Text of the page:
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Day in the Life of a Surfing Portfolio Manager

July 15, 1990|RUSS WILES | RUSS WILES is editor of Personal Investor, a national consumer-finance magazine based in Irvine.

One morning earlier this month, the stock market started falling almost from the opening bell. By the time Chris Linden, portfolio manager of the FPA Perennial Fund, rolled out of bed at 6:45 a.m. Pacific time, the Dow Jones industrials already were off 18 points.

By the time he read the sports page, got dressed, ate breakfast, tended his three horses, said goodby to his wife and set off to work, the market had dropped another 10 points.

Was Linden worried about the weak opening and its impact on Perennial's $54-million portfolio and 2,700 shareholders? Not at all. He drove away from his Topanga Canyon house and, following his normal routine, headed straight for the beach. "If there are waves, I go surfing," he says. "I carry a board all the time."

Welcome to a day in the life of a portfolio manager.

Chris Linden doesn't fit easily into any pinstripe stereotypes, as portrayed in movies such as "Wall Street" and "Trading Places." But aside from his early morning recreation, Linden insists that he spends his day like a lot of other fund managers across the country--reading about companies, placing stock orders, talking on the phone, meeting with an occasional visitor and reading some more.

Linden works for Angeles Corp., which owns the FPA Funds. The company's offices overlook the Rancho Park Golf Course in West Los Angeles, about six miles from the beach. The sea was placid on the day of this interview, so Linden had given up on surfing. He arrived at work shortly after 8 a.m.

"Depending on water conditions, I get in between 7:30 and 9:30," he explained. "I generally don't make appointments before 10."

Linden's office reflects his laid-back personality. There's a computer terminal for checking stock prices, a baseball cap with dog ears attached and a sign that says: "Refuse to Grow Up." Linden practically apologized for a wall chart that traces the history of stock market movements from 1969 on. "It helps my memory," he said.

The 40-year-old Southland native started working at Angeles' predecessor company in 1972 while earning an MBA degree at UCLA. Before that, he attended Inglewood High School and USC as an undergraduate. Linden has been with the company ever since, except for a five-year stint in the mid-'70s, when he worked as a security analyst, first in Houston and later in New York.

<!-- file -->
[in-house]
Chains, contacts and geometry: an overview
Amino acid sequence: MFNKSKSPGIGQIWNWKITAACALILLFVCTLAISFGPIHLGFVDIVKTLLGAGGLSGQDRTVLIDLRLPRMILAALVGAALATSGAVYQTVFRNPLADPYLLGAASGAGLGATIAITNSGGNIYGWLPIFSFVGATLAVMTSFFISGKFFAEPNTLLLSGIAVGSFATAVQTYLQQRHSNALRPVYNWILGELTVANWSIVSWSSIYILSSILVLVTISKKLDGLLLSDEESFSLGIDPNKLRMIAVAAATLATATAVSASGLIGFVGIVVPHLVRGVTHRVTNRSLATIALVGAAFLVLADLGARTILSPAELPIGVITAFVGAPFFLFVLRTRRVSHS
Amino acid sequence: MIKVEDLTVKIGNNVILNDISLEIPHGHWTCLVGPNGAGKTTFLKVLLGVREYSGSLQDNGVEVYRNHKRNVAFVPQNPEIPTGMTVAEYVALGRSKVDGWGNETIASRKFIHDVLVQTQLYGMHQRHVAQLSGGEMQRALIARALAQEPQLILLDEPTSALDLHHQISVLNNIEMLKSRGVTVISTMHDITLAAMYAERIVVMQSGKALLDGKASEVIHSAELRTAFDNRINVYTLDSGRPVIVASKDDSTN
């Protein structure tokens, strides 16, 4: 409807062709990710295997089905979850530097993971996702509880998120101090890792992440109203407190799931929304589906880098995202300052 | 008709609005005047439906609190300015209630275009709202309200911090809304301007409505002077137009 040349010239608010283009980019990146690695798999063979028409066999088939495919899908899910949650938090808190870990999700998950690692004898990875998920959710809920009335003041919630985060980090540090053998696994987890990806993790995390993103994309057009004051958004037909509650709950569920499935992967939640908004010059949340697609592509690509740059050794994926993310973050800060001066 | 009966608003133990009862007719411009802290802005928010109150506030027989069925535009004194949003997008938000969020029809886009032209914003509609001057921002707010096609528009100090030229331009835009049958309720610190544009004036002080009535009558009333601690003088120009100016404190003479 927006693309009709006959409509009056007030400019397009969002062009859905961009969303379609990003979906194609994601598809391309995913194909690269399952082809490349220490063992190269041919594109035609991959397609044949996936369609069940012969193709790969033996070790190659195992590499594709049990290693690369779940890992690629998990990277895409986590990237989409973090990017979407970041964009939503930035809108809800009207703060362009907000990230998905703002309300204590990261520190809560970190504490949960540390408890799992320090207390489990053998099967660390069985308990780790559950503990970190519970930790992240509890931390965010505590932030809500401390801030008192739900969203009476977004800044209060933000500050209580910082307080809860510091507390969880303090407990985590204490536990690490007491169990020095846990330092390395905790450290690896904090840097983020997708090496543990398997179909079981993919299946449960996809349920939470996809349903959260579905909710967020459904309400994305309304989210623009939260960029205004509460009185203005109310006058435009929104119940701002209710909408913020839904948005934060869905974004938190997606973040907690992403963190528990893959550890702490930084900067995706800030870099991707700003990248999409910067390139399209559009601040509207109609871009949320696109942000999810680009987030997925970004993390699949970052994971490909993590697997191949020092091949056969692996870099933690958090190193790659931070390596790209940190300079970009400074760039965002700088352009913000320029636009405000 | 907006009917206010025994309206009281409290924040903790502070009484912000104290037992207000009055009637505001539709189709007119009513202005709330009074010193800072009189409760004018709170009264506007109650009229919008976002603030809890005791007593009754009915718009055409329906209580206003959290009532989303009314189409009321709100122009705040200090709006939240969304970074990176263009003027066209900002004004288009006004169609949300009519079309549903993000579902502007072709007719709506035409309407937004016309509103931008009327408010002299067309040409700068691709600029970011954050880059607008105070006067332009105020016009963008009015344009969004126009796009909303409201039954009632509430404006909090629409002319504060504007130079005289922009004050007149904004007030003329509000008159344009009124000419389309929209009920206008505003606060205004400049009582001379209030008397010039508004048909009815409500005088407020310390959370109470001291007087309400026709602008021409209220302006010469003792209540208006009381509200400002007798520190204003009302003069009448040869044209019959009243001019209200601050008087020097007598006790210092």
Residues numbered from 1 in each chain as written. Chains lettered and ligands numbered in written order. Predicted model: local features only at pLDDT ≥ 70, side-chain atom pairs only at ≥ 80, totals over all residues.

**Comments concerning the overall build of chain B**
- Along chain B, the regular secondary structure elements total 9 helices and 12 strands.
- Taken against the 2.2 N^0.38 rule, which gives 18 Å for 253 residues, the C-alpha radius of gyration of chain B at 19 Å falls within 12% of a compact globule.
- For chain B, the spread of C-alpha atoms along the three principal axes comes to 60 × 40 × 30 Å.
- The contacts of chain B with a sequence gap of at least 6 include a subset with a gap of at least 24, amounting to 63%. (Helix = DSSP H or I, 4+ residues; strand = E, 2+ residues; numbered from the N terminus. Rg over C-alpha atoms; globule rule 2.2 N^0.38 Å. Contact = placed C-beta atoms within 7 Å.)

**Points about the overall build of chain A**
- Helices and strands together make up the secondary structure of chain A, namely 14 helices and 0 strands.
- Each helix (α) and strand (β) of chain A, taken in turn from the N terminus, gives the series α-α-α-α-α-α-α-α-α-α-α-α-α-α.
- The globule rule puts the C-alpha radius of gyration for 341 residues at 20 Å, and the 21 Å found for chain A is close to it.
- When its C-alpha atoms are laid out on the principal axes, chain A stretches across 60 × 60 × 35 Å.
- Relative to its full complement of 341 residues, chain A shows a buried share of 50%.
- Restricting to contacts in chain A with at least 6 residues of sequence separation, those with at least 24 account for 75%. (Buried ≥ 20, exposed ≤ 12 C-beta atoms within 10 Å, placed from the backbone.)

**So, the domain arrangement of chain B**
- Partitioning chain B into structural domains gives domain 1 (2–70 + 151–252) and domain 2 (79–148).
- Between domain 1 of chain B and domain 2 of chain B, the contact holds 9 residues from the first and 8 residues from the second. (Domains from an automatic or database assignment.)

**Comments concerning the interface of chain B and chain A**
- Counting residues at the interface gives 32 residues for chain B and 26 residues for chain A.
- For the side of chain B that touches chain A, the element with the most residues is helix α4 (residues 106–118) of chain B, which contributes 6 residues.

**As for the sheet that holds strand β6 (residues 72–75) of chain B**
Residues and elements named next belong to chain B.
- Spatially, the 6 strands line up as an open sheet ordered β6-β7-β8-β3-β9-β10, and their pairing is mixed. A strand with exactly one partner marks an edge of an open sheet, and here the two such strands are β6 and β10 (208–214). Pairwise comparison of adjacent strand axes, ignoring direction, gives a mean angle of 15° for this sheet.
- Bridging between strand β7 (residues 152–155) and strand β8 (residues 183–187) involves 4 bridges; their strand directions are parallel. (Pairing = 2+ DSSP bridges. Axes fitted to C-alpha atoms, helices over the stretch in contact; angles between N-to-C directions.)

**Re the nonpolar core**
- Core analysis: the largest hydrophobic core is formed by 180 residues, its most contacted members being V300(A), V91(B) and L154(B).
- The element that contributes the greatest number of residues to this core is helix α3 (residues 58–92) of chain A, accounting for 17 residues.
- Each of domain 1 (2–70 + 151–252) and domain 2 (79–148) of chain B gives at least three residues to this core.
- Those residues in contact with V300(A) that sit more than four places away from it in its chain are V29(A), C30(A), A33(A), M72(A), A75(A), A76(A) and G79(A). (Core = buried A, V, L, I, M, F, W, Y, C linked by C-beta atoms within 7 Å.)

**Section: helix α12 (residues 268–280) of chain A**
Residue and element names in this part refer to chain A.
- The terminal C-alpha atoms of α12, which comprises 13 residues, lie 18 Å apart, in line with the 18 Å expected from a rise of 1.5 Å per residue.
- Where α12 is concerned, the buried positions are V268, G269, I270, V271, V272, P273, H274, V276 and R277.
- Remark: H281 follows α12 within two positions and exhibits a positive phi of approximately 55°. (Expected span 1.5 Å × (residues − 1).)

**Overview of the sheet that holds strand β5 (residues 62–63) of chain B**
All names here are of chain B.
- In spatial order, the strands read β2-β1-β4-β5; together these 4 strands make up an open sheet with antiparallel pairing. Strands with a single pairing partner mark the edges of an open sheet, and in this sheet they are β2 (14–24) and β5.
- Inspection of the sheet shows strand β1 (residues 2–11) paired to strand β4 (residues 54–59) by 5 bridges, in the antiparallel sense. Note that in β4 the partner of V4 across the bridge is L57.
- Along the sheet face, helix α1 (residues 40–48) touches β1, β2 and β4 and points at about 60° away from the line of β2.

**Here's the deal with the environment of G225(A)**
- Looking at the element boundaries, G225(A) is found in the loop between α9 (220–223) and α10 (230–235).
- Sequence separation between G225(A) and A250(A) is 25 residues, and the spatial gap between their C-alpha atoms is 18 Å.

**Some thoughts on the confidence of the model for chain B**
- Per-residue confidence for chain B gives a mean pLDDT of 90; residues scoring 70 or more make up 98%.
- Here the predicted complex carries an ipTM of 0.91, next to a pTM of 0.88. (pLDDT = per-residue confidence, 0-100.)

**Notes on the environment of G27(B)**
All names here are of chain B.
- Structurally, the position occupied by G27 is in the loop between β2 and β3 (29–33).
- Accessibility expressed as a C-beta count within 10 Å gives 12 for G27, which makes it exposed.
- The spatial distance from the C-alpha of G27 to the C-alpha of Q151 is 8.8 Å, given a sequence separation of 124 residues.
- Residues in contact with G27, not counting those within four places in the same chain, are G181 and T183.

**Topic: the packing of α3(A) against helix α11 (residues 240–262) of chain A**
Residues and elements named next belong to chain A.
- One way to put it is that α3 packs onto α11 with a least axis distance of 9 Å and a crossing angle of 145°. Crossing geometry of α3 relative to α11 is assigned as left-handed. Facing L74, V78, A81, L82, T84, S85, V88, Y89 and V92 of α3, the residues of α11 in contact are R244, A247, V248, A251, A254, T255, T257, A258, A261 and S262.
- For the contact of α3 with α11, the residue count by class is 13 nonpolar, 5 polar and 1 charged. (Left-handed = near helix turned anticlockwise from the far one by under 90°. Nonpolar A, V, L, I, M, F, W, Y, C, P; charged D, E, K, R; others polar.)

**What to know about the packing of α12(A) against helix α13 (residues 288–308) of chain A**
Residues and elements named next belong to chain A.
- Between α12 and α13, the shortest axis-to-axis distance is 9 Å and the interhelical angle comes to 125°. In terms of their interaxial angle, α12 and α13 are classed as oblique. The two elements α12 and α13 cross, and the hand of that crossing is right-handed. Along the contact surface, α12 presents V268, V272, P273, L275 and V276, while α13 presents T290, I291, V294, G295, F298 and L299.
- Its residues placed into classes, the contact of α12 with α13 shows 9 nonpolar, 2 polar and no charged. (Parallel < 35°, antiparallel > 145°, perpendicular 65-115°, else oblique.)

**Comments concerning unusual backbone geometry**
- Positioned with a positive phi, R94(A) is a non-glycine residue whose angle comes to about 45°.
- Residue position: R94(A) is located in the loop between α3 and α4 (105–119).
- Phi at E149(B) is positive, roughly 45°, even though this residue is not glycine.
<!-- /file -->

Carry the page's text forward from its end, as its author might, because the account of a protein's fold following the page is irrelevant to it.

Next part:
When he gets to work, Linden's first order of business is catching up on the news. He scans the Wall Street Journal, Los Angeles Times and the morning's reports on the Dow Jones News Service. He checks for information on any of the roughly 400 companies he follows on a regular basis, including the 40 currently held by Perennial. "A big part of my daily routine is monitoring the securities we already own."

Linden doesn't try to time the market or forecast the economy, because he doesn't think that it can be done consistently.

The stocks that Perennial holds are mostly blue chips. The fund takes a low-risk approach to equity investing, with Linden focusing on stable companies showing low debt and above-average returns on assets and equity. "We're looking for businesses that aren't going to fail, at least not quickly. Our emphasis is on eliminating fear."

For the most part, Linden has succeeded in that objective. Since the fund debuted in 1984, he lost money in just one year--a modest 1% decline in crash-marred 1987. Otherwise, Perennial's annual gains have ranged from 10% in '86 to 26% last year. Mutual Fund Values of Chicago gives the portfolio, which charges a 6.5% up-front fee, a four-star rating (out of five).

This morning, Linden was watching for news on Melville Corp., a Harrison, N.Y.-based retailer that represents Perennial's largest holding. That company had recently bought a drugstore chain and a toy store chain. For the past two weeks, Linden had been talking to Melville executives, independent analysts and others about the acquisitions. He checked his computer terminal and sifted through a couple of research reports on his desk for any word about Melville. Nothing caught his eye.

He wasn't expecting any big news. "We have two full-time traders who get to the office around 5:30 in the morning. If something important happened, they would have called me at home," he explained.

Around 9:45, one of the traders informed Linden that shares of National Service Industries, an Atlanta-based company, were selling down 1 1/2 points. It was a bargain-hunting opportunity. The fund manager thought for a bit, then placed a buy order. "We study these businesses all the time, so we're prepared to move."

A bit after 10, some mail arrived. Linden spent time browsing through a copy of the Wall Street Transcript newsletter, the Oil & Gas Journal and two brokerage research reports. There also was a small pile of annual reports awaiting his attention. At 10:50, he received another batch of the morning's financial news wire. Twenty minutes later, he again huddled with a trader and decided to place a bid on another stock.

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